Airline Insider: Sept/Oct 07
By Brian Dunn
By Brian Dunn
International Victory for Porter
Porter Airlines continues to expand, receiving clearance from the US Department of Transportation to begin service from Toronto City Centre Airport (TCCA) to US destinations. It’s a victory of sorts for Porter, with Air Canada and US carriers trying to block its application on the ground that Porter has an unfair monopoly at TCCA. Porter’s first US destination will be New York/Newark, with flights expected to start in early 2008. It also plans to serve other US destinations including Boston, Cincinnati, Chicago, Cleveland, Pittsburgh, Philadelphia and Washington. It has a three-year ramp-up plan for these destinations.
As a result, Porter is looking to raise additional financing to allow deliveries of five more 70-seat Bombardier Q400 turboprops to begin service to the new US cities.
WestJet rolls out paperless boarding procedure
WestJet Airlines has become the first North American carrier to launch a program that allows travellers to use their mobile phones to bypass check-in counters and go straight to the airport security line and board their flight, after completing the check-in process over the Internet.
The airline began offering a paperless electronic boarding pass for customers flying from Victoria International Airport. The option will be gradually rolled out across Canada.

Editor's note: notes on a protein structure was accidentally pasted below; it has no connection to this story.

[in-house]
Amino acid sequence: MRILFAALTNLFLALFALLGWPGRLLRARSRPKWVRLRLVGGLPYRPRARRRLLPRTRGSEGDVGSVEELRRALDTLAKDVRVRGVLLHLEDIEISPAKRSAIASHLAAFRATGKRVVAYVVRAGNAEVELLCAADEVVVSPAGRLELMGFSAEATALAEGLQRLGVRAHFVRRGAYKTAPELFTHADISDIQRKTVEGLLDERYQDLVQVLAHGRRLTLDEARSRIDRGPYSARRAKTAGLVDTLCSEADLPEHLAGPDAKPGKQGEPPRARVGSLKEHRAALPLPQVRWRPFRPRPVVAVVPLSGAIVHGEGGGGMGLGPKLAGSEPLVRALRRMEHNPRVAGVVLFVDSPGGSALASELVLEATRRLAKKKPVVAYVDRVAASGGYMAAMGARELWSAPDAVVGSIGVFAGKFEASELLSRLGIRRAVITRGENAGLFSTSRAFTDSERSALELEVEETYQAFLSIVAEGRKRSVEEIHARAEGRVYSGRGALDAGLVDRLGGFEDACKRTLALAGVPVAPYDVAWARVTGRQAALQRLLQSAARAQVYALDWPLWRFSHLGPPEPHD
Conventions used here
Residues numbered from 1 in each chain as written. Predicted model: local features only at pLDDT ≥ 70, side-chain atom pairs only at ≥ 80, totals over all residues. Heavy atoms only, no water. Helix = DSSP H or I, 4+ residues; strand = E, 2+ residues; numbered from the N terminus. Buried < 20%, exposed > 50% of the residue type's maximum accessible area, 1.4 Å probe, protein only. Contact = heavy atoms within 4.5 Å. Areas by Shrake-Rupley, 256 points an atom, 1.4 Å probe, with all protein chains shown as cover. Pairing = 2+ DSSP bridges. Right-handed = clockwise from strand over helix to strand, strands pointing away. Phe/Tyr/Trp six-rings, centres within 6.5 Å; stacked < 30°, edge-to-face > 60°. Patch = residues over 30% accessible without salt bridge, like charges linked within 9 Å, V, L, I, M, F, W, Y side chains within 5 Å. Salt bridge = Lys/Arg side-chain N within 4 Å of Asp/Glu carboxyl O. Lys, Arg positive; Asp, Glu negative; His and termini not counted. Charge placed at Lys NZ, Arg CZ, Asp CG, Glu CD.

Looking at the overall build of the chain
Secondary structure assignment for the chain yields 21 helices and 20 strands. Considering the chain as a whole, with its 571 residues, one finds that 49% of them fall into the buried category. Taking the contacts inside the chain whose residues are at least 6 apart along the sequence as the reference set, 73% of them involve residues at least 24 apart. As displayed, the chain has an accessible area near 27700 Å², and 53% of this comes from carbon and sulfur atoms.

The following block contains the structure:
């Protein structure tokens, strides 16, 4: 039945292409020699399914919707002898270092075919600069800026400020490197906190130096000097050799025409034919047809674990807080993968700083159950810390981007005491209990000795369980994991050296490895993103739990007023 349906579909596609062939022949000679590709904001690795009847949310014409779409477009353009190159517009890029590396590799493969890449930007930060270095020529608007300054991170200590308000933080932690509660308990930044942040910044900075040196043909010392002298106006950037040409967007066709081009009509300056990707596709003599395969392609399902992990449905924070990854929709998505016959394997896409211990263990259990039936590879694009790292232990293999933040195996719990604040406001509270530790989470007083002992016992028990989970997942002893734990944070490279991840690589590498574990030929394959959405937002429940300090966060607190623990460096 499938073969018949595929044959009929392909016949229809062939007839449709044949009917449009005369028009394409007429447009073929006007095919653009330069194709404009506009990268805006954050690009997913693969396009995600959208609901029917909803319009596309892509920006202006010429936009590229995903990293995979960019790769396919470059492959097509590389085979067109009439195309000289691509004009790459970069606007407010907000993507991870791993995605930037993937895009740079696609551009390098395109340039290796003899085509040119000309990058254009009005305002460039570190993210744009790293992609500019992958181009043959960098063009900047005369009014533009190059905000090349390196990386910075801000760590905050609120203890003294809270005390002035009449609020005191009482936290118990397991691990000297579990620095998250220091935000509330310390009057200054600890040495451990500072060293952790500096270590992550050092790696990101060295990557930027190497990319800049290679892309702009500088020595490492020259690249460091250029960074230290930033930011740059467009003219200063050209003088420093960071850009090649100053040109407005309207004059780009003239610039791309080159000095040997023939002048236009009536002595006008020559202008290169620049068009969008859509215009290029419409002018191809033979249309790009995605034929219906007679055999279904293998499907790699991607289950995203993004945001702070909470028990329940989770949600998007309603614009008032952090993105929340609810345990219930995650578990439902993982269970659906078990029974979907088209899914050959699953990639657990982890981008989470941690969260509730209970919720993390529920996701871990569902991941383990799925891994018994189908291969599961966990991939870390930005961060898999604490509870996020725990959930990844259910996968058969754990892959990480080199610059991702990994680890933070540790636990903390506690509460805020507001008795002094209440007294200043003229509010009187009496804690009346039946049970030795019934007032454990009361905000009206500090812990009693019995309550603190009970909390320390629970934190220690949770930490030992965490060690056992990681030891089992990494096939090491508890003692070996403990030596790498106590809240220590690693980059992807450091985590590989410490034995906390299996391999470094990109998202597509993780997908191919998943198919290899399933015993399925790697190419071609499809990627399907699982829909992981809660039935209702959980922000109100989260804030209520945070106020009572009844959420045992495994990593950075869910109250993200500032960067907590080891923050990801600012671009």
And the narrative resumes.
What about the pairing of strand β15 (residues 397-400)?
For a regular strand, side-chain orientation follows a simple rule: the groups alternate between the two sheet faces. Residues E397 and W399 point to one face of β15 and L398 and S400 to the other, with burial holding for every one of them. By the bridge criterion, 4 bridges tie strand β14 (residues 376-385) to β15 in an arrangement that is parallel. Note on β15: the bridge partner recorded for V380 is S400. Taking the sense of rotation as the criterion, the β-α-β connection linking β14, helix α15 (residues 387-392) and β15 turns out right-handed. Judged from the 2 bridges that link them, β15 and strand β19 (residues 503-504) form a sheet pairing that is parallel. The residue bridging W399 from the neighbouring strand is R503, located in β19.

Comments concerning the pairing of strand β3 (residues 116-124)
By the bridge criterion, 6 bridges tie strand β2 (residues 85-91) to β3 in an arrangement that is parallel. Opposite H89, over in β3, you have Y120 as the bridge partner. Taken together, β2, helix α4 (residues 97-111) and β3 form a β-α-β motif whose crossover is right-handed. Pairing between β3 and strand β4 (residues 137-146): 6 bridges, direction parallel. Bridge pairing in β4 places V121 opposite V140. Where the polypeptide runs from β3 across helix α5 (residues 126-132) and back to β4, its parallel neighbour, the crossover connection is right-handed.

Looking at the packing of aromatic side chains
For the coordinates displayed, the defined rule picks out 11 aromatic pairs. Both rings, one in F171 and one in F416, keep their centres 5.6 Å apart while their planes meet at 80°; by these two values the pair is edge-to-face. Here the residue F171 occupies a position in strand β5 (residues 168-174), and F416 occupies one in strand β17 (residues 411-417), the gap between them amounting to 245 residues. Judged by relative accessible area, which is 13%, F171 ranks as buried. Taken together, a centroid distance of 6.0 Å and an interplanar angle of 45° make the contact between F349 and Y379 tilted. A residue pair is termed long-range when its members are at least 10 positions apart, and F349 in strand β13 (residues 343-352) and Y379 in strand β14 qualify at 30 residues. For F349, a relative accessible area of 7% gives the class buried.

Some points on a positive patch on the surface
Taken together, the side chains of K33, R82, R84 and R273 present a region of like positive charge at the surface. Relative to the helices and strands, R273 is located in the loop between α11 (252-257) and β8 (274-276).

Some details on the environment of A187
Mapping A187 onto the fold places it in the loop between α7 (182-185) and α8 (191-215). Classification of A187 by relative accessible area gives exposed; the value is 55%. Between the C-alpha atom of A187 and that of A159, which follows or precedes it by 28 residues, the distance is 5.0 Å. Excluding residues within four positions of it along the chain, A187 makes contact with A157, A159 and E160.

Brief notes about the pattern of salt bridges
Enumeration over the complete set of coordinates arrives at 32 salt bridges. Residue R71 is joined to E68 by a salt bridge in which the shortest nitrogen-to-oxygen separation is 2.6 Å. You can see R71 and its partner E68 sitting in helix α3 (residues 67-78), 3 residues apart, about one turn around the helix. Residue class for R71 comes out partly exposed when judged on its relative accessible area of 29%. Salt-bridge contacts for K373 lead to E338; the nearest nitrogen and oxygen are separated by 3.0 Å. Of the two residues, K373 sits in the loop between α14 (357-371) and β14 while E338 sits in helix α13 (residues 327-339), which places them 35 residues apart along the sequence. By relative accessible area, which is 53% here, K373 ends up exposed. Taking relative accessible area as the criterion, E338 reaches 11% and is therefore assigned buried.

“This is just the beginning. In the coming weeks, our guests will see more WestJet destinations in Canada offer this convenient paperless service,” says WestJet vice-president of airports Dale Tinevez.
During the WestJet web check-in process, guests will be presented boarding pass options. They can choose to print their boarding pass immediately or select the paperless boarding pass option and have an e-mail sent to their mobile device.
If they choose the electronic version, an e-mail will be sent to the handheld communications device they specify. The e-mail contains boarding pass information on a single screen on a Blackberry or cell phone.
Passengers will then show the boarding pass displayed on their mobile device to proceed through security and to board their flight.
WestJet is also expanding its web check-in service. “Our transborder destinations will soon be included, allowing guests travelling to the US the ability to check in and select a seat up to 24 hours before departure,” said Tinevez.
Japan Airlines has been checking in and boarding passengers with mobile phones equipped with integrated circuit chips since early 2005. All Nippon Airways began using IC radio frequency technology in September 2006.
More Options for Mexico-bound Canadians
Skyservice Airlines, Sunwing Airlines and WestJet Airlines have been cleared to operate scheduled international service between Canada and Mexico. Skyservice can begin flights on the following city pairs: Victoria-Puerto Vallarta; Edmonton-San Jose del Cabo; Regina-Puerto Vallarta; Regina-Cancun; Saskatoon-Puerto Vallarta; Saskatoon-Cancun; Ottawa-Acapulco; Toronto-Cozumel and Toronto-Huatulco. Toronto-based Sunwing is cleared to introduce service from London to Cancun.
WestJet is approved to fly from Calgary to Ixtapa/ Zihuatanejo, Manzanillo and Mazatlan, as well as from Edmonton to Ixtapa/ Zihuatanejo, Manzanillo, Mazatlan and San Jose del Cabo. The carrier can also link Vancouver with Manzanillo and San Jose del Cabo. In addition, Air Transat has received permission to operate more scheduled flights between the two countries, in accordance with the existing bilateral air transport agreement.